accessibility · advertising · gender policing

Dream Bigger, not “Crazier” Please Nike

We haven’t shared the new Nike women’s sports ad on the blog–much as we love almost all of it–because we’ve been nervous about the “crazy talk.” The “Dream Crazier” ad for the “Just Do It” campaign features women throughout history breaking down barriers in sports. The commercial, narrated by Serena Williams and featuring an all-female cast, shows women in sports ranging from running to tennis to boxing being celebrated for their passion. And that’s terrific, right? Mostly yes but it’s complicated.

The ad lists the ways in which women have been called crazy for wanting to participate in sports. It’s a long list. But instead of criticizing the use of crazy-talk as ableist the ad tries to take back the language of “crazy.” It urges women to be crazier.

Sometimes reclaiming language is a good thing but I am not sure it works here. Why? See my older post Let’s Stop the Crazy Talk .

It’s time to end the “crazy” talk. Why? It’s ableist. See the following, social justice and ableism.

“Disability metaphors abound in our culture, and they exist almost entirely as pejoratives. You see something wrong? Compare it to a disabled body or mind: Paralyzed. Lame. Crippled. Schizophrenic. Diseased. Sick. Want to launch an insult? The words are seemingly endless: Deaf. Dumb. Blind. Idiot. Moron. Imbecile. Crazy. Insane. Retard. Lunatic. Psycho. Spaz.

I see these terms everywhere: in comment threads on major news stories, on social justice sites, in everyday speech. These words seem so “natural” to people that they go uncorrected a great deal of the time. I tend to remark on this kind of speech wherever I see it. In some very rare places, my critique is welcome. In most places, it is not.”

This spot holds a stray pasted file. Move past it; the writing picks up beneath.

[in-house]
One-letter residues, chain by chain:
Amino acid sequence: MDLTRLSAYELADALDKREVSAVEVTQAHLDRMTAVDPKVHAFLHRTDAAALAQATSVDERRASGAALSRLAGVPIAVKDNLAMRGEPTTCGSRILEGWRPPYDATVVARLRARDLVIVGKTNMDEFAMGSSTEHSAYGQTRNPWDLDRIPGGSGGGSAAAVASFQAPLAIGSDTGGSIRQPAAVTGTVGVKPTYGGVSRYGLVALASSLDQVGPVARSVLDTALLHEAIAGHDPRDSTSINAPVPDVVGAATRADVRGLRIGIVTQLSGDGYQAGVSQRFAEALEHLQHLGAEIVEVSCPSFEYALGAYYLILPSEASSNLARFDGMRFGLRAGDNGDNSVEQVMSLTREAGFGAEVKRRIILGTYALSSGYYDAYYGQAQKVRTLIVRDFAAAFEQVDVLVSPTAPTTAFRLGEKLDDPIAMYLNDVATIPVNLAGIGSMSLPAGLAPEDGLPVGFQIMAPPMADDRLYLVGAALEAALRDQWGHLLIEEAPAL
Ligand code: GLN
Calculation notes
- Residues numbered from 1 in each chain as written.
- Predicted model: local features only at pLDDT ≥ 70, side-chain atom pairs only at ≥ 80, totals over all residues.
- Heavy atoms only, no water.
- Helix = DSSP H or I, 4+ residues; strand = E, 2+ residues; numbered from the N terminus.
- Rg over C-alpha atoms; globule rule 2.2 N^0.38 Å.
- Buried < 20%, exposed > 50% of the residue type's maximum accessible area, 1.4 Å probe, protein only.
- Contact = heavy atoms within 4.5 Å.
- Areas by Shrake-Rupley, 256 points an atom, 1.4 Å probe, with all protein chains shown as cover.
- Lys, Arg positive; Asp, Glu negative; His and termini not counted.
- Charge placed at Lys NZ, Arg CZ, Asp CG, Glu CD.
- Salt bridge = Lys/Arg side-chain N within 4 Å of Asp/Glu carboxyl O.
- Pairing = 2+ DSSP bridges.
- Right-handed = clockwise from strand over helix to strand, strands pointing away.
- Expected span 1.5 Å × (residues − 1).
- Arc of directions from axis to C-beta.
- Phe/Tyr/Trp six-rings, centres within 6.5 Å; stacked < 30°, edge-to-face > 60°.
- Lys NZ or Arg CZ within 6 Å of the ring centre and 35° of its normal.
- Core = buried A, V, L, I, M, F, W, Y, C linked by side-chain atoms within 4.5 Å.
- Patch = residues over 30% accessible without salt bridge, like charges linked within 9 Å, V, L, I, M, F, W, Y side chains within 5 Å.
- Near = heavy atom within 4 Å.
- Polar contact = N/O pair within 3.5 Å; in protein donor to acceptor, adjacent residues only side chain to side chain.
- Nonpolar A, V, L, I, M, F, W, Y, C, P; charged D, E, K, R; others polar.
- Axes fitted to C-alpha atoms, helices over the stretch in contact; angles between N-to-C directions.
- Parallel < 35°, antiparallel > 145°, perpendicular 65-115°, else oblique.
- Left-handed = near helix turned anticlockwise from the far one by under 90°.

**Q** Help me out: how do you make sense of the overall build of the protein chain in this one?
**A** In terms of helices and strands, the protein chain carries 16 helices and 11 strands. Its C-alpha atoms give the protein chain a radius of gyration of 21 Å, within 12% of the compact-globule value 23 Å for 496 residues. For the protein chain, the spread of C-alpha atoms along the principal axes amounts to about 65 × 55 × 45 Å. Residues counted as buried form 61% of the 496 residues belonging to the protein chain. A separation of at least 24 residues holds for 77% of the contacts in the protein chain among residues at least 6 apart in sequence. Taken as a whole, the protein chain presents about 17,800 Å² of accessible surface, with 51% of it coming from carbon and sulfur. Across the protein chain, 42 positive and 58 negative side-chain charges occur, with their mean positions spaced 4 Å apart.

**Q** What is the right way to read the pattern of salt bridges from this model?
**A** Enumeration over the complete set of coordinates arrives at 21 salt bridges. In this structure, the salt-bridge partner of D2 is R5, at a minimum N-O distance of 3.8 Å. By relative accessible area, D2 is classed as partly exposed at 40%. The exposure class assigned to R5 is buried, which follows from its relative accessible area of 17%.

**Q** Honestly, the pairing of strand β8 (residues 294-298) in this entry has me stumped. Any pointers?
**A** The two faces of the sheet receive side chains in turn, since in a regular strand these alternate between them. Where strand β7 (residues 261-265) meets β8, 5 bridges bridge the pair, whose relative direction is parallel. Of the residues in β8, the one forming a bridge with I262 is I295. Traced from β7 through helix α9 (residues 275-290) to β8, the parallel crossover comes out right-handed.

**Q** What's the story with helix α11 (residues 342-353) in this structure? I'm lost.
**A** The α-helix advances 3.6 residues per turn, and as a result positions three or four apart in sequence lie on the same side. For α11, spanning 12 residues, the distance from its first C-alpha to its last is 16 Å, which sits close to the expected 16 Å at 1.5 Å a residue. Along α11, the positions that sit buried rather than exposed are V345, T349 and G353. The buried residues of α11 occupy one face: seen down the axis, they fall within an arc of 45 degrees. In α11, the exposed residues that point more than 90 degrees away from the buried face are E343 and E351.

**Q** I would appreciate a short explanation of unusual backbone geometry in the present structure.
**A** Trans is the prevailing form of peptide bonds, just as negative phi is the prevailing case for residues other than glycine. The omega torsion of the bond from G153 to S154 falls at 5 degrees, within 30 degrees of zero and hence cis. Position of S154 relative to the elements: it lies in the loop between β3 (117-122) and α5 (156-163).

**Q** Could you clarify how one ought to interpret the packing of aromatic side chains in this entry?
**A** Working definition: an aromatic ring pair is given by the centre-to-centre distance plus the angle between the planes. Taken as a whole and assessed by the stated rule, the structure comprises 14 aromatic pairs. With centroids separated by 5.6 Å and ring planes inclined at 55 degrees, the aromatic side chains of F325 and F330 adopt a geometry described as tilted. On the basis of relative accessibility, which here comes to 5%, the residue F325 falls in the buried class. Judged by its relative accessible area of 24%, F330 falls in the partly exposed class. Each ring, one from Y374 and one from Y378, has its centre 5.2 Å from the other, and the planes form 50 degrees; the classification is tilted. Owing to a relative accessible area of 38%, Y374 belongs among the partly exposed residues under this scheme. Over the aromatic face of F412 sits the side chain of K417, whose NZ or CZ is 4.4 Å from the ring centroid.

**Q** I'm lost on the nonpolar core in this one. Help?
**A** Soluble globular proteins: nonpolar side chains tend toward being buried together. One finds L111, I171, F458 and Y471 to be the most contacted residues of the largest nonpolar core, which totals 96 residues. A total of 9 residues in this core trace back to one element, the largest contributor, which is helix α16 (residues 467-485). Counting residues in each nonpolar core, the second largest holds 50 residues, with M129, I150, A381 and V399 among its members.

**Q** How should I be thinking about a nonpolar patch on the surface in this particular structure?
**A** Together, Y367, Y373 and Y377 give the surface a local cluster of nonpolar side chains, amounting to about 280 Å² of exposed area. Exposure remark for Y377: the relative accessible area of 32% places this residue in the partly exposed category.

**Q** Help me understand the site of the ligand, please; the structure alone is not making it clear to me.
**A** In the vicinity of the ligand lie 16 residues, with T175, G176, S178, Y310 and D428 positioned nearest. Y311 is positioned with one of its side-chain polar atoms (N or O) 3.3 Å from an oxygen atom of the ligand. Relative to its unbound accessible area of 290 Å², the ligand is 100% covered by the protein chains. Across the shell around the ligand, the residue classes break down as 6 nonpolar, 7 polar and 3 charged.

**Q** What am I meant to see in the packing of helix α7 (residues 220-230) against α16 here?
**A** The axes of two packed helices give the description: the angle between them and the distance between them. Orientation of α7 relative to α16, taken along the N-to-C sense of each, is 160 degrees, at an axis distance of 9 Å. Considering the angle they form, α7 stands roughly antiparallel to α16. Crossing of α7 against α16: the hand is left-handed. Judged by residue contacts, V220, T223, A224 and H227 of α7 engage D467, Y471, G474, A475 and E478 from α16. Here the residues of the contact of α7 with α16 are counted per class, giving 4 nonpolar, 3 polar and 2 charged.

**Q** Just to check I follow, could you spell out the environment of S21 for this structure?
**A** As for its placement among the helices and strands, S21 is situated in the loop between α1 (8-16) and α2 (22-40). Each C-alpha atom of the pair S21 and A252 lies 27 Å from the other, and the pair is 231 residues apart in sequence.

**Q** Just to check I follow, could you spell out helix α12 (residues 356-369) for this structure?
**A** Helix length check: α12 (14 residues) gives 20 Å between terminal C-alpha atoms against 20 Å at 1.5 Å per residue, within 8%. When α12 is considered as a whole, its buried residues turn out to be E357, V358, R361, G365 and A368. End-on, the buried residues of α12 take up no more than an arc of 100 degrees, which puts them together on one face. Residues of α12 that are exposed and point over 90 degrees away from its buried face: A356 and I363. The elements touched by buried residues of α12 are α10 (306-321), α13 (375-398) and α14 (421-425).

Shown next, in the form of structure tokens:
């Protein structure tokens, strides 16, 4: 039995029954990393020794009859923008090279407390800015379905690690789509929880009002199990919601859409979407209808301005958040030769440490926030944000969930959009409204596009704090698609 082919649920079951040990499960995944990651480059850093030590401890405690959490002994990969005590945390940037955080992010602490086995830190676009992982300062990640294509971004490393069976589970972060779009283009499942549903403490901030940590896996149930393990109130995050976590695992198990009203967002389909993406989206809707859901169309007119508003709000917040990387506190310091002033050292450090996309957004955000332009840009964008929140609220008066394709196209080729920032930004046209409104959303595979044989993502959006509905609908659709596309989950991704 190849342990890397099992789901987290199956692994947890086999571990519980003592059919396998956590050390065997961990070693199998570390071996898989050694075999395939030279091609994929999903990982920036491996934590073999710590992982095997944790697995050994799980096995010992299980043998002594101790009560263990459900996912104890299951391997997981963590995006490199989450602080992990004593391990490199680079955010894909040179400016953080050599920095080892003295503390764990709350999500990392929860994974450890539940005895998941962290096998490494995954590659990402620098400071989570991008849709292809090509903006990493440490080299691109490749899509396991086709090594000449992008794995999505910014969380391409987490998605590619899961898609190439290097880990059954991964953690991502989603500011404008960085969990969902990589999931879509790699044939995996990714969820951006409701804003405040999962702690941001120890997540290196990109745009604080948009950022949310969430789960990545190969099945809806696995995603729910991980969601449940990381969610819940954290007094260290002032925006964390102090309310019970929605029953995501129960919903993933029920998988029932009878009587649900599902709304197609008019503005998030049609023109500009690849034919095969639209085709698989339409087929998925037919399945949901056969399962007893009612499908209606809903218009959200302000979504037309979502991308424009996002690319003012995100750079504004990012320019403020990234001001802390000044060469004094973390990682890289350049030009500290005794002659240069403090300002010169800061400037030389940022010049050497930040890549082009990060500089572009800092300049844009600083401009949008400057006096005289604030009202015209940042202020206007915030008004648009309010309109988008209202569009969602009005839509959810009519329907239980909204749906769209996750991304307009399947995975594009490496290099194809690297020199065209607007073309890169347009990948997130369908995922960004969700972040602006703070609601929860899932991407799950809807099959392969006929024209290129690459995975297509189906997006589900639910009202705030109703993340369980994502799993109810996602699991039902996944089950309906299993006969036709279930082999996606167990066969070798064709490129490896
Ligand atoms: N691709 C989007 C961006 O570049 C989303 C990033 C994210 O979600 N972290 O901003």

What do you think of the ad? Of using “crazy” as metaphor?

5 thoughts on “Dream Bigger, not “Crazier” Please Nike

  1. Crazy feels like a word of a different quality than the rest in your list, which are always perjorative. Crazy has a playful, outlandish, exuberant side to it too. So, I’m quite taken by the new Nike ad. I know it’s delicate, given the long history of relegating women to yellow wallpapered rooms as hysterics, But this word feels like one with reclamation potential.

    1. This is where I land as well. The ad had a very powerful reclaiming vibe to it.

  2. I hate “crazy” talk and never use it. I think it’s ableist and I can’t stand the campaign because of it.

  3. I understand Tracy’s viewpoint, but to be honest when I watched it I took their intention in using ‘cray’ as the dictionary definition of “distracted with desire or excitement.” Crazy is not a word I would use ever to describe someone’s mind or mental health.

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